• Ulysses S. Grant - National Historic Landmark

    History Salvaged, LLC

    Direct: 848-992-6117


    History Salvaged, LLC

    Press Release

    Final Home of 18th President – Ulysses S. Grant

    National Historic Landmark - Grant Cottage

    West Creek, NJ – May 1, 2021: History Salvaged, LLC and The Friends of the Ulysses S. Grant Cottage have partnered to create a comprehensive line of handcrafted heirloom gifts and collectibles made from original Witness Wood®, literally history you can hold, sourced from maintenance, repair and/or restoration of the U.S. Grant Cottage Historic Site, Mt. McGregor, NY, the final home of Ulysses S. Grant in 1885.

    The History Salvaged and Grant Cottage partnership - the last home of the Commanding General of the U.S. Army & 18th President, Ulysses S. Grant – was formed to create an exclusive collection of Grant Cottage heirlooms from Witness Wood® and other original materials removed during maintenance, repair and preservation of Grant Cottage.

    The Grant Cottage pens are functional pieces of history and art that along with our other heirlooms should be “Used, Collected and Gifted” as each along with the story they contain helps “Keep History Alive®”.

    Built in 1872 as a hotel, the cottage was moved in 1882 to make way for the new 200 guest, state of the art, Hotel Balmoral that featured electricity. In 1885 the Grant Family’s stay at the Cottage was enhanced by amenities provided by Hotel Balmoral.

    While at the Cottage, Grant wrote his memoir, welcomed guests including Mark Twain (his friend and publisher) and died on July 23, 1885 just days after completing one of the world’s most critically acclaimed memoirs and thus securing his family’s financial security.

    Opened as a Historic Site in 1890 the Cottage remained, though a fire destroyed the Balmoral in 1897, and has survived multiple manifestations of the surrounding property that has included a sanatorium, NY State Prison and more. 

    In 1989 The Friends of the Ulysses S. Grant Cottage was formed to operate and maintain the last residence of this beloved American figure.

    Initial offerings include, but are not limited to, fine writing instruments, pens, ornaments and bookmarks and will be available on site at The Friends of Ulysses S. Grant Cottage Gift Shop (Open May 1, 2021- October 2021) as well as in the online stores at both the Grant Cottage Official website ( and History Salvaged websites (,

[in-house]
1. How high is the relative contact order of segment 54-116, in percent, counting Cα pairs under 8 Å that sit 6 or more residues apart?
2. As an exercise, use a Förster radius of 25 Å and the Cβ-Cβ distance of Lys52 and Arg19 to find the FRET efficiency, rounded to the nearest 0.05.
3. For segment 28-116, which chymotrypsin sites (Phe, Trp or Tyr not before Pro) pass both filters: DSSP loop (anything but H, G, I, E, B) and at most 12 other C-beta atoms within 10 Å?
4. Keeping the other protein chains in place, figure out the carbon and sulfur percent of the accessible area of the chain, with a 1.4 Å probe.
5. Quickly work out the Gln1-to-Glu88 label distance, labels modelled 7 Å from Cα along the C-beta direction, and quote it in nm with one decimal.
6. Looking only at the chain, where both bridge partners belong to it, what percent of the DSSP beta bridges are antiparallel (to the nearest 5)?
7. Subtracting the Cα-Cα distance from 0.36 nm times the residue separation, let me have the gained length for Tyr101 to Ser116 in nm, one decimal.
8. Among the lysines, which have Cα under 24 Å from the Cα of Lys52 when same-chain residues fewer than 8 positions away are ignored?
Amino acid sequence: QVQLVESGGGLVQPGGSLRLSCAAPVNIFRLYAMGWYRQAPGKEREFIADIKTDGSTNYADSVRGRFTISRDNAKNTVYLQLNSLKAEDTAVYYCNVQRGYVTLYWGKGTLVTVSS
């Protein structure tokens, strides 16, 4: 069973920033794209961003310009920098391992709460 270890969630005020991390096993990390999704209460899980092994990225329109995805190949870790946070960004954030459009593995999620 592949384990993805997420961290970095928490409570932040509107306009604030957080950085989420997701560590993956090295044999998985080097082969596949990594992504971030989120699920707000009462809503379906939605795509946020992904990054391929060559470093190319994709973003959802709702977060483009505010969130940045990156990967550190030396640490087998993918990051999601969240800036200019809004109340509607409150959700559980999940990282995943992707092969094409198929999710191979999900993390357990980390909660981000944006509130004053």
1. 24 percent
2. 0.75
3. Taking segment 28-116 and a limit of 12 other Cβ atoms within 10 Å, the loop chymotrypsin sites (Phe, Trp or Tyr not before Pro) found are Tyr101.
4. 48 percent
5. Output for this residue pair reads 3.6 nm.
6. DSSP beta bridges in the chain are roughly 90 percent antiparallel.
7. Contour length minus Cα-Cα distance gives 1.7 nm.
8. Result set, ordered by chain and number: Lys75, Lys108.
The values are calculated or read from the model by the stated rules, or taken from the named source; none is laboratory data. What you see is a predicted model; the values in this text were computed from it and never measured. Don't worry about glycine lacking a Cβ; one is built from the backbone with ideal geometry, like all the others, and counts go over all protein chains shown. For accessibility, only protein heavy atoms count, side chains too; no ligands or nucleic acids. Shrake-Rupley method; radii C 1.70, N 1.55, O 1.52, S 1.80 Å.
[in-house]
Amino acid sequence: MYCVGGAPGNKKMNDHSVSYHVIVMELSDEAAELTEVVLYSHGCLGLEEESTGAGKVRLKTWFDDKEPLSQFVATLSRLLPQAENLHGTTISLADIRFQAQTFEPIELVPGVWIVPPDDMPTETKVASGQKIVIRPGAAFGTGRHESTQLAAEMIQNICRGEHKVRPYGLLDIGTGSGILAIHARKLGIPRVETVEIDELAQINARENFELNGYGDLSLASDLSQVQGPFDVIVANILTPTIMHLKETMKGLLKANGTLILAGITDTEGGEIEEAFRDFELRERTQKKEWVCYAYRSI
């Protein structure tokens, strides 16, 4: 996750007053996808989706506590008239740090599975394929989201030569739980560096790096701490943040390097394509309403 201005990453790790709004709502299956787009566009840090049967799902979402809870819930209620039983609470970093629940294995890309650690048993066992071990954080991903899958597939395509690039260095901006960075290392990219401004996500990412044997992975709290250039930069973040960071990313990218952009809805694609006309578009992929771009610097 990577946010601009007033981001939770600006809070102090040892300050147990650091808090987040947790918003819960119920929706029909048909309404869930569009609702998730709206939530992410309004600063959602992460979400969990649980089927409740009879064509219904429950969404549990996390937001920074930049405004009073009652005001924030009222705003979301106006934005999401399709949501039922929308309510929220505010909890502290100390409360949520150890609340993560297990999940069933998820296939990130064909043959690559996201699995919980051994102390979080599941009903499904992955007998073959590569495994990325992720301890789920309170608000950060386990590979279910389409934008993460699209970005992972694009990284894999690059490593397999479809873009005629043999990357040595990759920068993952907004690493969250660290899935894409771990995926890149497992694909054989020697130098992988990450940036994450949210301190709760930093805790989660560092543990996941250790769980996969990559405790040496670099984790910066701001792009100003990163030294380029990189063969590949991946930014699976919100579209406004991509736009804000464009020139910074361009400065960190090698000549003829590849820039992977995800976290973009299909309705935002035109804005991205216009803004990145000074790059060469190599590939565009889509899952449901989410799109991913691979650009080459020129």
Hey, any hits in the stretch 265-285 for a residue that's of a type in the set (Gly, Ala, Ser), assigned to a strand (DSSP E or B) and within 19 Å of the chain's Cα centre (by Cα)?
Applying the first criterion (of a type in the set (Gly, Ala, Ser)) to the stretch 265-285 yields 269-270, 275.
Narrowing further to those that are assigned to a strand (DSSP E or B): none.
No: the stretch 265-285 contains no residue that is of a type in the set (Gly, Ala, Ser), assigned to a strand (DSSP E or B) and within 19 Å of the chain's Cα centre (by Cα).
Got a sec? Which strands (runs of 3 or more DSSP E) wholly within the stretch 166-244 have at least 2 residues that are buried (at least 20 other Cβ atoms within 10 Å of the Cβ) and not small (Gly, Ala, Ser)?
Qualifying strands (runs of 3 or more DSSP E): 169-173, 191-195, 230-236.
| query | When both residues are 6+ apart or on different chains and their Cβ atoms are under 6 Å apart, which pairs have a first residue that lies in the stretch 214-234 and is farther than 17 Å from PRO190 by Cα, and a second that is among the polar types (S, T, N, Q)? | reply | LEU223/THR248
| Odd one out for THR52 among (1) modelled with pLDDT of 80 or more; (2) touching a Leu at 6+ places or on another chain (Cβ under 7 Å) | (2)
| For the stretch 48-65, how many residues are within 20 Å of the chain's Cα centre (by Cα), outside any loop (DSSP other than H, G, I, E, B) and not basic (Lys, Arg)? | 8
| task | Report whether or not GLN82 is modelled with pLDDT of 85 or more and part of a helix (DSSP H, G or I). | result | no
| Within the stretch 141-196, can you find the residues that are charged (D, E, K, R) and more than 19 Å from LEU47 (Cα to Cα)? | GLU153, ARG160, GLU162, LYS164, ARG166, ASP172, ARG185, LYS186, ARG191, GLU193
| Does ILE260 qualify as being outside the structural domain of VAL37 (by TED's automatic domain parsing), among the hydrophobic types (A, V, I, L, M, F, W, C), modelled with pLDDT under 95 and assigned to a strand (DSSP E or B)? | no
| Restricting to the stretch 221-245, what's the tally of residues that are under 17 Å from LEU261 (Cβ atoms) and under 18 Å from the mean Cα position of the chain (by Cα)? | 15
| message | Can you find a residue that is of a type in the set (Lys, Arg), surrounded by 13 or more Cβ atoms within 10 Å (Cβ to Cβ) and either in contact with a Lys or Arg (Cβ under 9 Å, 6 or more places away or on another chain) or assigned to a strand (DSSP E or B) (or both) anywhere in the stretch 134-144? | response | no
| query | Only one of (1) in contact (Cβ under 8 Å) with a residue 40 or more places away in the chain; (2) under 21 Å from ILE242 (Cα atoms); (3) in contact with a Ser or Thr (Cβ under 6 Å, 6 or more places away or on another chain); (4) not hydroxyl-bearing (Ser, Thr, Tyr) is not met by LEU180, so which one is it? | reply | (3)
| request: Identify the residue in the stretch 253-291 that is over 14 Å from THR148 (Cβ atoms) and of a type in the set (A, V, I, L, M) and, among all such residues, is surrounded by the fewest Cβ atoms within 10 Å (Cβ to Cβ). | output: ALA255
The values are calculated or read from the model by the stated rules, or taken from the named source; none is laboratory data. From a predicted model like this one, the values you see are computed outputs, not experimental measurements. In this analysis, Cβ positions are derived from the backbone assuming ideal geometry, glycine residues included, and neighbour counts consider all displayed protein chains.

The Mount McGregor Memorial Association was established to take care of the cottage after Grant's death. The cottage opened as a historic site in 1890 with a live in caretaker. The Hotel burned down in 1897 and was not rebuilt. The property was eventually sold to the Metropolitan Life Insurance Company in 1910. They constructed a tuberculosis sanitarium, which was formally dedicated in 1914, and by 1918 twenty buildings had been constructed. In 1945 the sanitarium was converted into a veterans rest camp. New York State eventually dissolved the law chartering the cottage and took ownership. In 1960 the VA camp was repurposed and annexed as the Rome State School for developmentally disabled children. In 1976 the property was again repurposed as a New York State Department of Corrections minimum-security prison work camp. In 1981, medium security prisoners began to be housed in the facility. The prison was closed permanently in 2014. In 1985, New York State announced its plans to close the cottage at the end of the season. Pressure on the State reversed their decision. The Friends of the Ulysses S. Grant Cottage was formed in the fall of 1989 to operate and take care of the cottage.


    History Salvaged began with a simple goal: the reclamation, salvaging and repurposing of wood and other natural materials from historic sites throughout the United States that would otherwise be discarded and lost to history.

    We work primarily with Witness Wood® and timbers removed from historical buildings and sites during the renovation and preservation of existing structures as well as with trees and branches that have fallen in storms, or are removed for safety reasons or expanded construction.

    With the challenges facing all of us in the 21st Century and as the Greatest Generation and Baby Boomers age, the relationship with our fore fathers and national identity seems to be fading. We are committed to preserving our national identity and preserving sites, buildings and materials that have not only witnessed but have been part of that national identity.

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